Learn about Martin Luther’s influential wife in Katie Luther: Mother of the Reformation (Concordia Publishing House), a comic book biography of Katharina von Bora Luther. Written by Susan K. Leigh and illustrated by Dave Hill, this comic shows how Katie blazed her own trail at a time when there were very few options for women. In this exclusive Q&A, Susan shares why the Reformation is still relevant today, why it’s important for readers to meet the “mother” of the Reformation, and the unique challenges of bringing her to life in comic book form…
Q: WITH 2017 BEING THE ANNIVERSARY OF THE REFORMATION—WHY DO YOU THINK IT’S STILL SO RELEVANT TO YOUNG READERS TODAY?
If the books being published, programs on cable television, and websites on the internet are any indication, then people are fascinated with history in general and this period in history in particular. We love to learn. We love to learn from and about history. But I think the Reformation is relevant to today’s young readers because it shows how a few dedicated people can change the world. It teaches that God’s truth is always relevant and that sin will always fall when confronted with that truth.
An interesting aspect of the Reformation that makes it pertinent to young readers is that it was accelerated by technology; that is the technological advances in printing that helped to spread the movement and the Scriptures throughout Europe.
Q: WHY IS IT IMPORTANT FOR READERS TO GET TO KNOW THE “MOTHER” OF THE REFORMATION?
It’s important for young readers get to know the mother of the reformation so they can understand that our Lord has designed individuals and His church to include many different types of people to accomplish His work on earth and that all of God’s children have vocations that are equally important. The book is not meant to further the feminist movement, though. It is intended to teach about a significant historical figure—a wife and mother who still serves as the model of the Christian woman.
Q: WHAT KIND OF RESEARCH WAS REQUIRED FOR THIS ADAPTATION OF HER STORY?
Well, first, I read a lot! There are only a handful of books about Katherina von Bora, and I think I read every one of them available in English (including one or two that are no longer in print). I also had done a lot of reading and researching about Martin Luther for Echoes of the Hammer (Concordia Publishing House), the graphic novel I wrote about him. In addition to reading books about these people, I read a lot of online articles about Germany—its geography, history, government, architecture. I researched how people lived: their households, food, pastimes, clothing; and how they spent their days, what kind of education they received.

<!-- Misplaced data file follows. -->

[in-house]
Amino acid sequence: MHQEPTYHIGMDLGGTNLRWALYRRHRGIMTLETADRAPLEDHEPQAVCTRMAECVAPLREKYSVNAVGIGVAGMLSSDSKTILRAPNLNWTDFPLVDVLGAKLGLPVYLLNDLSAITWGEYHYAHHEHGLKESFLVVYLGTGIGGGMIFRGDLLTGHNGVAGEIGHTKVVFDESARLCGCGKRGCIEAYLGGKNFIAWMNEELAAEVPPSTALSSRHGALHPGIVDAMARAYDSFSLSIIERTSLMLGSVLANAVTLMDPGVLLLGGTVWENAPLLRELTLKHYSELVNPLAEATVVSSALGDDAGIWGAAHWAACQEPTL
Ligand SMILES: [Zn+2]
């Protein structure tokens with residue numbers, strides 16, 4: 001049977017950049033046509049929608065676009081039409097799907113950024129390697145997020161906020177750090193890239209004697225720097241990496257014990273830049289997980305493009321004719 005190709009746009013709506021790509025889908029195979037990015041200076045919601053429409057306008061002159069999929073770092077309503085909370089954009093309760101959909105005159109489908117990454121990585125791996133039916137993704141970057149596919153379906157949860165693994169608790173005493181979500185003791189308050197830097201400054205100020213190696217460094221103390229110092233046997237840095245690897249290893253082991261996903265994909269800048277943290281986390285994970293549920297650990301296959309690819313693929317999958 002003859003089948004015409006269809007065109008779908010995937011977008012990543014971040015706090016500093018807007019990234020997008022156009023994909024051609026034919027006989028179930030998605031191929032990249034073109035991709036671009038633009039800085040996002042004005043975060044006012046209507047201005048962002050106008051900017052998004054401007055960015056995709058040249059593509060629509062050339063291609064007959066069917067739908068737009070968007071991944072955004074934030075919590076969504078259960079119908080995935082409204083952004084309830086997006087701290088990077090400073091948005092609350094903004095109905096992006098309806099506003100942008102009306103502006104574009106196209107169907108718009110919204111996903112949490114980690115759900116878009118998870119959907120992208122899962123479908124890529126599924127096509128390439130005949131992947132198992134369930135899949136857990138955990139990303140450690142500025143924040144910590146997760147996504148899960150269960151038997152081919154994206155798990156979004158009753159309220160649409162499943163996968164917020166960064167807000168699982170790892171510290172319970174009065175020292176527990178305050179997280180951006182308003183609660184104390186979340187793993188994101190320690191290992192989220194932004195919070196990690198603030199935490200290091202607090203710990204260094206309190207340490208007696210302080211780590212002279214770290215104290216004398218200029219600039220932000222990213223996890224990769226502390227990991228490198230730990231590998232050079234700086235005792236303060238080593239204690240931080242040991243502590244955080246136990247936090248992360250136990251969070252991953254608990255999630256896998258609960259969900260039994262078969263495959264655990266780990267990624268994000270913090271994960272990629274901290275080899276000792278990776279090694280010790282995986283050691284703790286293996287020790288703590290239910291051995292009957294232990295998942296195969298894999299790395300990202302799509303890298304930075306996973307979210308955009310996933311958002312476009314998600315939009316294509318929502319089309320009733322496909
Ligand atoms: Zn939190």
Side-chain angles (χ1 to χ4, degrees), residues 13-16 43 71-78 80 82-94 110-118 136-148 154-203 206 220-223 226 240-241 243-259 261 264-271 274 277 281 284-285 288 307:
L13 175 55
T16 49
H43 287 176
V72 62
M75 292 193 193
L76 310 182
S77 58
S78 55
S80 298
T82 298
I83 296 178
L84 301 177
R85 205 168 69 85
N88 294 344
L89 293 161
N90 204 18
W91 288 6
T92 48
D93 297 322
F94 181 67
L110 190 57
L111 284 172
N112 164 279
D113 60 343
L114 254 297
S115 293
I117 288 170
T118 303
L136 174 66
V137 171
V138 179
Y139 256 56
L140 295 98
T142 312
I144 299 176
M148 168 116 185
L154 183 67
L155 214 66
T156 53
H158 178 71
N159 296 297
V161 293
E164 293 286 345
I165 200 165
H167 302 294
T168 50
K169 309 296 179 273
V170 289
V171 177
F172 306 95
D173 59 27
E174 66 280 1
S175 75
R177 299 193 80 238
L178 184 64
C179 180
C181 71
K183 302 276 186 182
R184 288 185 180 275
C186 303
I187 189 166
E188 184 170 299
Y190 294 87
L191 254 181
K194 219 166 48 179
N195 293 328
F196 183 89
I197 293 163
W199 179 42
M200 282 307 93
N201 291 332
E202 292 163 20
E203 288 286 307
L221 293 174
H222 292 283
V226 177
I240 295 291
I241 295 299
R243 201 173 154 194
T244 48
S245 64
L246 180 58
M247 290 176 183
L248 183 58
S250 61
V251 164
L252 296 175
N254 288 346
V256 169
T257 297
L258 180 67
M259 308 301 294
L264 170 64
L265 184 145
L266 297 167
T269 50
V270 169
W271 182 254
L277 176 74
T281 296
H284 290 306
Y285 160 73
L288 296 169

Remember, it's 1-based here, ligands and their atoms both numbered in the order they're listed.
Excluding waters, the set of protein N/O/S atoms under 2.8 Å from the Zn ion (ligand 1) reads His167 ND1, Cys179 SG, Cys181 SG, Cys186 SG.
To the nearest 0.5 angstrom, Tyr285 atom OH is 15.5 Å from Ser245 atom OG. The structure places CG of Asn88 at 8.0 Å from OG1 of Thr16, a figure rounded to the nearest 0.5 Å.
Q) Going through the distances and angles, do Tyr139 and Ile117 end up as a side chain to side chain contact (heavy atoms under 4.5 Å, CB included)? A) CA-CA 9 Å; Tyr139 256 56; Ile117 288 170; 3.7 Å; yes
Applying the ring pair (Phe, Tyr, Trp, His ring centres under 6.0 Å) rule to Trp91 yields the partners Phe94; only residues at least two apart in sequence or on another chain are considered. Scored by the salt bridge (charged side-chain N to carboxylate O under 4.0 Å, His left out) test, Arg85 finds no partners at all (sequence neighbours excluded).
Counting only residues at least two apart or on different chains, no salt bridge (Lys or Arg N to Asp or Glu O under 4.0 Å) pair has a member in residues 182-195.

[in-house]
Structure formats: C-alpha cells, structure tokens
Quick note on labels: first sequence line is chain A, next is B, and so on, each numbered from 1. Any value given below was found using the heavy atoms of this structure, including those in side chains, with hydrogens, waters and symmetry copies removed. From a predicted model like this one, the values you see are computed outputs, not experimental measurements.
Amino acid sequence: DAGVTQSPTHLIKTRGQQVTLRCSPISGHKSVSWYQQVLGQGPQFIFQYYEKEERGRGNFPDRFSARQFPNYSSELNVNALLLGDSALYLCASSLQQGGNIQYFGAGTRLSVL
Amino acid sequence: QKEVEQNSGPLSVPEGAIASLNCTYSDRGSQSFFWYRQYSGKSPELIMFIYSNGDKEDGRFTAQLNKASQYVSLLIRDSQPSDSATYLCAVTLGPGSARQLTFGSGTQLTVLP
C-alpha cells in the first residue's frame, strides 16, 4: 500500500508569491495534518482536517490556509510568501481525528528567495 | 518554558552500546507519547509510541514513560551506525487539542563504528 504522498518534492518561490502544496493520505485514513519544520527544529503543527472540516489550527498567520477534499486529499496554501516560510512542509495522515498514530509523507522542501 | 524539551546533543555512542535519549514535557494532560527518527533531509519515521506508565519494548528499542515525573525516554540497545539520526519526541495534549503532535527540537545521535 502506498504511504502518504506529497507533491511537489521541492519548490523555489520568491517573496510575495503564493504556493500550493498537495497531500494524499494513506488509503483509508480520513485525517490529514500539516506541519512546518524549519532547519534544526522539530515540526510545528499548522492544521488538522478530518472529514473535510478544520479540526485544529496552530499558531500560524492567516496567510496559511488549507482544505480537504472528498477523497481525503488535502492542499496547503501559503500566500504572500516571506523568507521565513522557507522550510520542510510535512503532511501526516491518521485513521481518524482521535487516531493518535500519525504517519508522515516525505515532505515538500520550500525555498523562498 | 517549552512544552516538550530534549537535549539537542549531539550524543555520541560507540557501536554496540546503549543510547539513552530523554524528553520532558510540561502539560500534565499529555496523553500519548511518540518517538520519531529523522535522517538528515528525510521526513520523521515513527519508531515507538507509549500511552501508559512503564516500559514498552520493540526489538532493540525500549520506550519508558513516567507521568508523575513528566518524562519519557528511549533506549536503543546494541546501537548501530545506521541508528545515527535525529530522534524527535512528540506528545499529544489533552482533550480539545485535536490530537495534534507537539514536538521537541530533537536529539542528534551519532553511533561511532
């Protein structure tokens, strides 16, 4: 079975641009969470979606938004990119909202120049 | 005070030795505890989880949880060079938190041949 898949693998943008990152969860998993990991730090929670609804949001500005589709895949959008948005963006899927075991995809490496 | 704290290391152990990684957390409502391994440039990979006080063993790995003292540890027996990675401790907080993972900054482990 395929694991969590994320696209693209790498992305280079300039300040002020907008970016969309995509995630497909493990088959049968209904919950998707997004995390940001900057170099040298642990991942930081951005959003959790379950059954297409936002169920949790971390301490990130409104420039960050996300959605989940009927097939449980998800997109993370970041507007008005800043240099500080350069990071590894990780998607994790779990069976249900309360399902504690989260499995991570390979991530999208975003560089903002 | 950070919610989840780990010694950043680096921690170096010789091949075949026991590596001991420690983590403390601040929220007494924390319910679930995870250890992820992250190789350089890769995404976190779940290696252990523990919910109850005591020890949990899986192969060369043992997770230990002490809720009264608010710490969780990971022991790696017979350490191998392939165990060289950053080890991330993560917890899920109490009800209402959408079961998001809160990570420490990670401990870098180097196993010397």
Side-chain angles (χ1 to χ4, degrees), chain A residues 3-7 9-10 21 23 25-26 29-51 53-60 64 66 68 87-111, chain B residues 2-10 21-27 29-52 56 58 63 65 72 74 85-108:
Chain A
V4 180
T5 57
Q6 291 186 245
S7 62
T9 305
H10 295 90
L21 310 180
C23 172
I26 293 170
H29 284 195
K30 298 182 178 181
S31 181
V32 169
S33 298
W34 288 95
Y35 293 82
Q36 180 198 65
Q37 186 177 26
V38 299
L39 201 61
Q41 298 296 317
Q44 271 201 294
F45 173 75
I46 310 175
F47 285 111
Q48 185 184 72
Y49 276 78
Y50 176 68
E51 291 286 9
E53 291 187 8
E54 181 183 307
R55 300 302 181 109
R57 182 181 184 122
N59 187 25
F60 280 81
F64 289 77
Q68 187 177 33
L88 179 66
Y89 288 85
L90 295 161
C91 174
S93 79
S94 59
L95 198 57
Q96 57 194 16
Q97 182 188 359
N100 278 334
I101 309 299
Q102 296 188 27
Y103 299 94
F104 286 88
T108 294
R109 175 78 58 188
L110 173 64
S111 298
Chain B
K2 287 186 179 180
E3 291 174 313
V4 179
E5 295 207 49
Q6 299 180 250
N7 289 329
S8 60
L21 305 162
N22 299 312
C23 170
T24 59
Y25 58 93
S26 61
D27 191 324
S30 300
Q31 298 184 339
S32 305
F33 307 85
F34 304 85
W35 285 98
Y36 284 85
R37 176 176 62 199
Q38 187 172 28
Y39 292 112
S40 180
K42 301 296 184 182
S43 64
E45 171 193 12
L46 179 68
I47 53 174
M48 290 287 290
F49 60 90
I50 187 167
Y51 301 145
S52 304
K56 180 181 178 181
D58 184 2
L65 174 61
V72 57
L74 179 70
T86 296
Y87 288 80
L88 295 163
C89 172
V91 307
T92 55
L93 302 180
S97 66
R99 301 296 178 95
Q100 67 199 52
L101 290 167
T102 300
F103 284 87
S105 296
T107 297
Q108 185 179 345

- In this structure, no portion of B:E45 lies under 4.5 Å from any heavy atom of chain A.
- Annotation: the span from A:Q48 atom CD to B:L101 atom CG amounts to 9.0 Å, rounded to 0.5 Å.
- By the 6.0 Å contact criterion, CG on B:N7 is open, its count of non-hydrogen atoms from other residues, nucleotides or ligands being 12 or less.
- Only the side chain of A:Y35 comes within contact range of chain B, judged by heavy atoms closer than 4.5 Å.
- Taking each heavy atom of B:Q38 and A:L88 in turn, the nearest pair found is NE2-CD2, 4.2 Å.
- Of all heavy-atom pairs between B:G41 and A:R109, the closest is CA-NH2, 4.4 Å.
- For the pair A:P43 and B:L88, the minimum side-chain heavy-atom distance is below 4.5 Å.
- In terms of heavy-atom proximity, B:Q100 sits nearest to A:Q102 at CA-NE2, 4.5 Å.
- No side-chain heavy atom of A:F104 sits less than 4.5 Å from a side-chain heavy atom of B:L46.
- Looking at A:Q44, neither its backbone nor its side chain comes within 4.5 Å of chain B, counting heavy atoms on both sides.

One of the topics I researched extensively was the German Catholic Church in the late 1400s and early 1500s, as Katie was a nun for the first third of her life. Of particular interest to me was how nuns worked to maintain their homes and earn income for their cloisters. They were exceptionally hard-working and resourceful women.
Q: WHAT WERE THE UNIQUE CHALLENGES OF ADAPTING HER LIFE TO THE COMIC BOOK FORMAT?
It was two-fold, really. First, there isn’t a lot of information about Katie’s early life, so I had to fill in some gaps with general information (about how convents functioned, for example). But the other challenge is that while there isn’t a lot of detail known about her daily life, the format and page count of the book dictated how much I could share. There isn’t space to write a lot, so the information had to be presented in just a few sentences that fit with the illustrations. In just a few pages, the book tells her entire life story and how it intersected with a movement (the Reformation) that resulted in a sea change for all of Europe—and, ultimately, for the Americas as well. I had to be very selective in the amount of information the book could provide.
Q: WHAT WAS THE PROCESS LIKE COLLABORATING WITH ILLUSTRATOR DAVE HILL?
This was the second time I’ve worked with Dave Hill to write and deliver a graphic novel. He is wonderful to work with—very accommodating and timely. And he offers excellent solutions to presenting a lot of information in the form of illustration. That’s what makes a great illustrator, by the way.
Graphic novels tell a story using both words and pictures. This is an active way to tell a story, and it requires a lot of back and forth between the author and the illustrator to get it just right. So Dave and I wrote and illustrated this book, and the one about Martin Luther, using a circular process. First, I created a pagination chart for the book. That means, I decided what would go on each page. Then, I created a timeline of Katie’s life to fit that pagination chart. The next step was to work with the book’s graphic designer to finalize what each page would look like—would it be a text-only page, or would it have one panel, or six, or … ? This serves to further define the story and how it will play out throughout the book. That’s when we brought in Dave to begin to sketch the scenes.
Dave used my outline and art direction to draw sketches for the pages that would have illustrations. Once the graphic designer had received all of his sketches, she handed the project over to me to finish writing the text to fit in the space we allowed for it. When I had finished writing, the designer sent everything back to Dave (who lives in Scotland) and he created the final illustrations. Then, when all of the final art was in place, it all came back to me again. I edited and revised the text until I was satisfied that it was complete.
Along the way, the publisher had a fact checker, copyeditor, and proofreader review the illustrations and the text. The whole process took almost a year!